Sweep
Gari
(“gar-ee”)
Reap
Gama
(“gah-ma”)
Sickle
Hane
(“han-nee”)
Springing
Tsukikomi
(“su-key-comb-ee”)
Thrusting
Garami
(“gar-ahm-ee”)
Joint lock
Gaeshi
(“ga-ae-shee”)
Overturn
Tomoe
(“tom-moi”)
Circle
Otoshi
(“oh-toe-shee”)
Downward (or drop)
Kuzushi
(“ka-zoo-shee”) (or ka-zoo-sh”)
Off-balancing an opponent
Tsukuri
(“sue-coo-ree”)
Fitting in
Gatame
(“gah-tom-ee”) or (“gah-ta-may”)
Hold down
Katsu
(“cot-sue”)
Resuscitation technique
Gyaku
(“gyah-coo”)
Reverse
Tanto
(“tan-toe”)
Type of knife / blade
Shuto
(“shoo-toe”)
Knife’s edge
Daito
(“die-toe”)
Sword
Tanju
(“tawn-joo”)
Gun
Bo
(“bo”)
Staff
Hanbo
(“hawn-bo”)
Half staff

 

Commands & Responses

Kiotsuke
(“k-yot-s’kay”)
Attention! Standing position feet together.
Rei
(“ray”)
Bow from standing position
Yoi
(“yoy”)
Ready
Hajime
(“ha-jih-may”)
Begin
Matte
(“mah-tay”)
Wait
Yame
(“ya-may”)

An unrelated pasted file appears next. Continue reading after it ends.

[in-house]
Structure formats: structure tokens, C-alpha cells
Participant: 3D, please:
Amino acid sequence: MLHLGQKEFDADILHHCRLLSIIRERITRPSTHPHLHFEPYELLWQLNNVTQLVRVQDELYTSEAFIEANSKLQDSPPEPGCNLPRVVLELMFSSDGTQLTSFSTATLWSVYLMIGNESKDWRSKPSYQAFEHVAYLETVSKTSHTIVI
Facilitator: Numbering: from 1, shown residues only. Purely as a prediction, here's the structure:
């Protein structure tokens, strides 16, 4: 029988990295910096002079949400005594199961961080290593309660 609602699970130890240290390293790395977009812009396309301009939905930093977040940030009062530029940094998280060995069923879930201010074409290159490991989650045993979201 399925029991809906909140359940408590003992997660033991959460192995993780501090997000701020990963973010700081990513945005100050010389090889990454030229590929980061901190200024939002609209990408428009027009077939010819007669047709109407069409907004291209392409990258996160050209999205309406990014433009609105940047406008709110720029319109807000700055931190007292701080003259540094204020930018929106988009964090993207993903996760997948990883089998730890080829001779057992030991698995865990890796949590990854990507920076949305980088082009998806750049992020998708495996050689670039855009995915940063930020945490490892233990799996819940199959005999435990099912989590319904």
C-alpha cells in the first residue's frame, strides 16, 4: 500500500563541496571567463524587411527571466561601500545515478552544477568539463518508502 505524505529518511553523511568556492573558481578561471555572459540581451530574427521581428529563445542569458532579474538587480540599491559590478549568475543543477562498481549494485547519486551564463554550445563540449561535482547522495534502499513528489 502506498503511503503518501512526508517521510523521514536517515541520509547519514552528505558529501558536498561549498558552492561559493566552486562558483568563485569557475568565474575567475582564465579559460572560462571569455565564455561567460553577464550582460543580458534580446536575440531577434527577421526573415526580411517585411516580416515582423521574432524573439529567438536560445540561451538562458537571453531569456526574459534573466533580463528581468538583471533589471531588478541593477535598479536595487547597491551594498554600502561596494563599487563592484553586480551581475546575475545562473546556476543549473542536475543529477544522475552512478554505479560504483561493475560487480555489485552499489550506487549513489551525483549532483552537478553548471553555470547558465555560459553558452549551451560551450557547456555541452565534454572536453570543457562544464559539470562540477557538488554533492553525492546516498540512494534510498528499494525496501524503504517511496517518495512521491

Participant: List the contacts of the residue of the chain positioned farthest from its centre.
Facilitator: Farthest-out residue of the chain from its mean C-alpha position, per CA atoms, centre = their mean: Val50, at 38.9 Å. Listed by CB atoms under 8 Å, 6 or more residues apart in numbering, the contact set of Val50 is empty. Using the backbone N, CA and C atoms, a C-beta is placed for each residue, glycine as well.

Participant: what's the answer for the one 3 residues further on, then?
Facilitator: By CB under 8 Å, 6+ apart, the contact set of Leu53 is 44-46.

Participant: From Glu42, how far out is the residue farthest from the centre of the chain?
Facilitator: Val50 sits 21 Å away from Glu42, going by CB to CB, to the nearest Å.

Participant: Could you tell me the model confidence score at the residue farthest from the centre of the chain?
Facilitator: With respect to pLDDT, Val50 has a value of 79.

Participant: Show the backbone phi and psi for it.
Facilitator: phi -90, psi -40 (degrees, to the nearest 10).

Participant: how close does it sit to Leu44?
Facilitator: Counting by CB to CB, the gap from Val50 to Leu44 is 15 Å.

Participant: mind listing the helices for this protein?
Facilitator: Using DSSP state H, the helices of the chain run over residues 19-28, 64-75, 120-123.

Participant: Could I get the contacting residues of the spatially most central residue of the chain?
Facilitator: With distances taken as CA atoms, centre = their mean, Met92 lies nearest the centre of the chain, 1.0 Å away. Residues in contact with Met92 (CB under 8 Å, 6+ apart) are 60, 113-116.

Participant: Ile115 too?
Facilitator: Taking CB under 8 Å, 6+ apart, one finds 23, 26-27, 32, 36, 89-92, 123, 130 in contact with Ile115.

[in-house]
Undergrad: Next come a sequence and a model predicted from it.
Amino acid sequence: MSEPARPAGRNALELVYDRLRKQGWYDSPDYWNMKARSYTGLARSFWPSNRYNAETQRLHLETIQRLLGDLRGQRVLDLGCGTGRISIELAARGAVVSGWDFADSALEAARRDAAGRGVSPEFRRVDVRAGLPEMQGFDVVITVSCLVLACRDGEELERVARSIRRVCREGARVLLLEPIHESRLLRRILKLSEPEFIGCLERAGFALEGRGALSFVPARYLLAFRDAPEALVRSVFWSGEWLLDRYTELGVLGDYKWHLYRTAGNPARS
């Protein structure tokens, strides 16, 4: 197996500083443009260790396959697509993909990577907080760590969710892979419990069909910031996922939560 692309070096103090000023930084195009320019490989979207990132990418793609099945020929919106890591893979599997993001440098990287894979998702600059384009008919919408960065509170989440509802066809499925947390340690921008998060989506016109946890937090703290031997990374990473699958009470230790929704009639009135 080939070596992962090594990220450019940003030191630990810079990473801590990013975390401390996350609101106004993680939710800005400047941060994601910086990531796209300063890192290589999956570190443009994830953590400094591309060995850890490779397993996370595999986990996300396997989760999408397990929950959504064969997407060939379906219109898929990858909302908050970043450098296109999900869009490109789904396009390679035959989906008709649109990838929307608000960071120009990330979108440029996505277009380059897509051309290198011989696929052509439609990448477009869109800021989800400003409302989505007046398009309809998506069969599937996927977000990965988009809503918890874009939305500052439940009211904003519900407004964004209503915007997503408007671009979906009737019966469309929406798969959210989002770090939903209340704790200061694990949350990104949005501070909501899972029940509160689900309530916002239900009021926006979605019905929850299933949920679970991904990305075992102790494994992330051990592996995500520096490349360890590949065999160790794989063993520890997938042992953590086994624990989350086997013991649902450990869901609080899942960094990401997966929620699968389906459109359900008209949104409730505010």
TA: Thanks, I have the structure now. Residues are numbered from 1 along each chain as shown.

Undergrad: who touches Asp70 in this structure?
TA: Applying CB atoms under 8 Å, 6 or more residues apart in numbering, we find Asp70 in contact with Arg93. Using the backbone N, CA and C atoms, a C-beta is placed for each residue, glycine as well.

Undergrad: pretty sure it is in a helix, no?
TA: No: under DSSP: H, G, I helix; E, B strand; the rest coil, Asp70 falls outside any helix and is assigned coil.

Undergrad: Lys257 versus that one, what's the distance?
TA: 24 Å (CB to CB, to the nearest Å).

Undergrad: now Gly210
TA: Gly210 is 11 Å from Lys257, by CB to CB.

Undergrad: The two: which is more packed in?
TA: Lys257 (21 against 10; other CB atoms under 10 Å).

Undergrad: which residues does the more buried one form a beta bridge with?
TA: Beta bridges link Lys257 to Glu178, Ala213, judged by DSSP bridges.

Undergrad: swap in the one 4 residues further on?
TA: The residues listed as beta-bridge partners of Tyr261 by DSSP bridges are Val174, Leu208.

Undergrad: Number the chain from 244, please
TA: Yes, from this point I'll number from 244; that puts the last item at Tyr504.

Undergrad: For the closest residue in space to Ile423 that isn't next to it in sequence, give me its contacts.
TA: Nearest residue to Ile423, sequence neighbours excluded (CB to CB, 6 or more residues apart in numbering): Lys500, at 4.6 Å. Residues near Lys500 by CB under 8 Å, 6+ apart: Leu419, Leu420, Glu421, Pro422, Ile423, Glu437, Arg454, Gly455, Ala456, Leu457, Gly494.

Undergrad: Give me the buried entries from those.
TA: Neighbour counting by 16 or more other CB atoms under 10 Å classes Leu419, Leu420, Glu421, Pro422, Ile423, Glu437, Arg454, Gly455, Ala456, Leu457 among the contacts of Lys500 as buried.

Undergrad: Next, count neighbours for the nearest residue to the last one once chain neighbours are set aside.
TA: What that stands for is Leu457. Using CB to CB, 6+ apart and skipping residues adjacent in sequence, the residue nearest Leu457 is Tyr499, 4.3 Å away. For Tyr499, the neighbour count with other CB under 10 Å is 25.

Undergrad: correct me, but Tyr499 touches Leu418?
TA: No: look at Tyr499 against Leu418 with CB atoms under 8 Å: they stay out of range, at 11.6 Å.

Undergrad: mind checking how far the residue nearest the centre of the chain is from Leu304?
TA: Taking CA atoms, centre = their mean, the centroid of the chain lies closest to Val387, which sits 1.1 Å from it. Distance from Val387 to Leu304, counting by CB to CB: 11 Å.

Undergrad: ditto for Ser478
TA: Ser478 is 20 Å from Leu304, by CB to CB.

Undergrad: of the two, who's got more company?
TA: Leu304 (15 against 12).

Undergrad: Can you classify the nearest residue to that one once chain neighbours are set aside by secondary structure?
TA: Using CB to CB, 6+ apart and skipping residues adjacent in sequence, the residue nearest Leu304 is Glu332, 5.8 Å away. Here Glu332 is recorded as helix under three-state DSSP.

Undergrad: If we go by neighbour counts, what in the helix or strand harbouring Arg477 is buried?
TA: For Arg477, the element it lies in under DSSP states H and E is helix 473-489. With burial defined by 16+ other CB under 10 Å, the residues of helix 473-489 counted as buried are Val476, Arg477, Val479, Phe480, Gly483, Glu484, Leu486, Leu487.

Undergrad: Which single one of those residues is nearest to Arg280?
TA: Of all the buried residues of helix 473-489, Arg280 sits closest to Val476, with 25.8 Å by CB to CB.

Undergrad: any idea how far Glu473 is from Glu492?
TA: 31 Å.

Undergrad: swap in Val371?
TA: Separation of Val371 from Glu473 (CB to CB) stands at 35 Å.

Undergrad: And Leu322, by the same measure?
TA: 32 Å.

Stop
Yasume
 (“ya-zoo-may”)
Relax     
Hai
(“High”)
Yes
Osu
(“oss”)
General response for acknowledgement or greeting
Onegai Simasu
(“on-ee-gash-ee-mas”)
“May we interact?”
Domo arigato gozaimashita “Thank You”

 

Counting

Ichi
(eech)
One
Ni
(“nee”)
Two
San
(“san”)
Three
Chi
(“chee”)
Four
Go
(“go”)
Five
Roku
(“row”)
Six
Sichi
(“seech”)
Seven
Hachi
(“hatch”)
Eight
Ku
(“koo”)
Nine
Ju
(“joo”)
Ten
Ju Ichi
(“joo-eech”)
Eleven
Ju Ni
(“joo-nee”)
Twelve
Ju San
(“joo-san”)
Thirteen
Ju Chi
(“joo-chee”)
Fourteen
Ju Go
(“joo-go”)
Fiftteen
Ju Roku
(“joo-row”)
Sixteen
Ju Sichi
(“joo-seech”)
Seventeen
Ju Hachi
(“joo-hatch”)
Eighteen
Ju Ku
(“joo-koo”)
Nineteen
Ni Ju
(“nee-joo”)
Twenty
Ni Ju Ichi
(“nee-joo-eech”)
Twenty One
Ni Ju Ni
(“nee-joo-nee”)
Twenty Two
Ni Ju San
(“nee-joo-san”)
Twenty Three
Ni Ju Chi
(“nee--joo-chee”)
Twenty Four
Ni Ju Go
(“nee-joo-go”)
Twenty Five
Ni Ju Roku
(“nee-joo-row”)
Twenty Six
Ni Ju Sichi
(“nee-joo-seech”)
Twenty Seven
Ni Ju Hachi
(“nee-joo-hatch”)
Twenty Eight
Ni Ju Ku
(“nee-joo-koo”)
Twenty Nine
Etc
 
 
 
 
 
 
 
 
 
 
 

 

The Dojo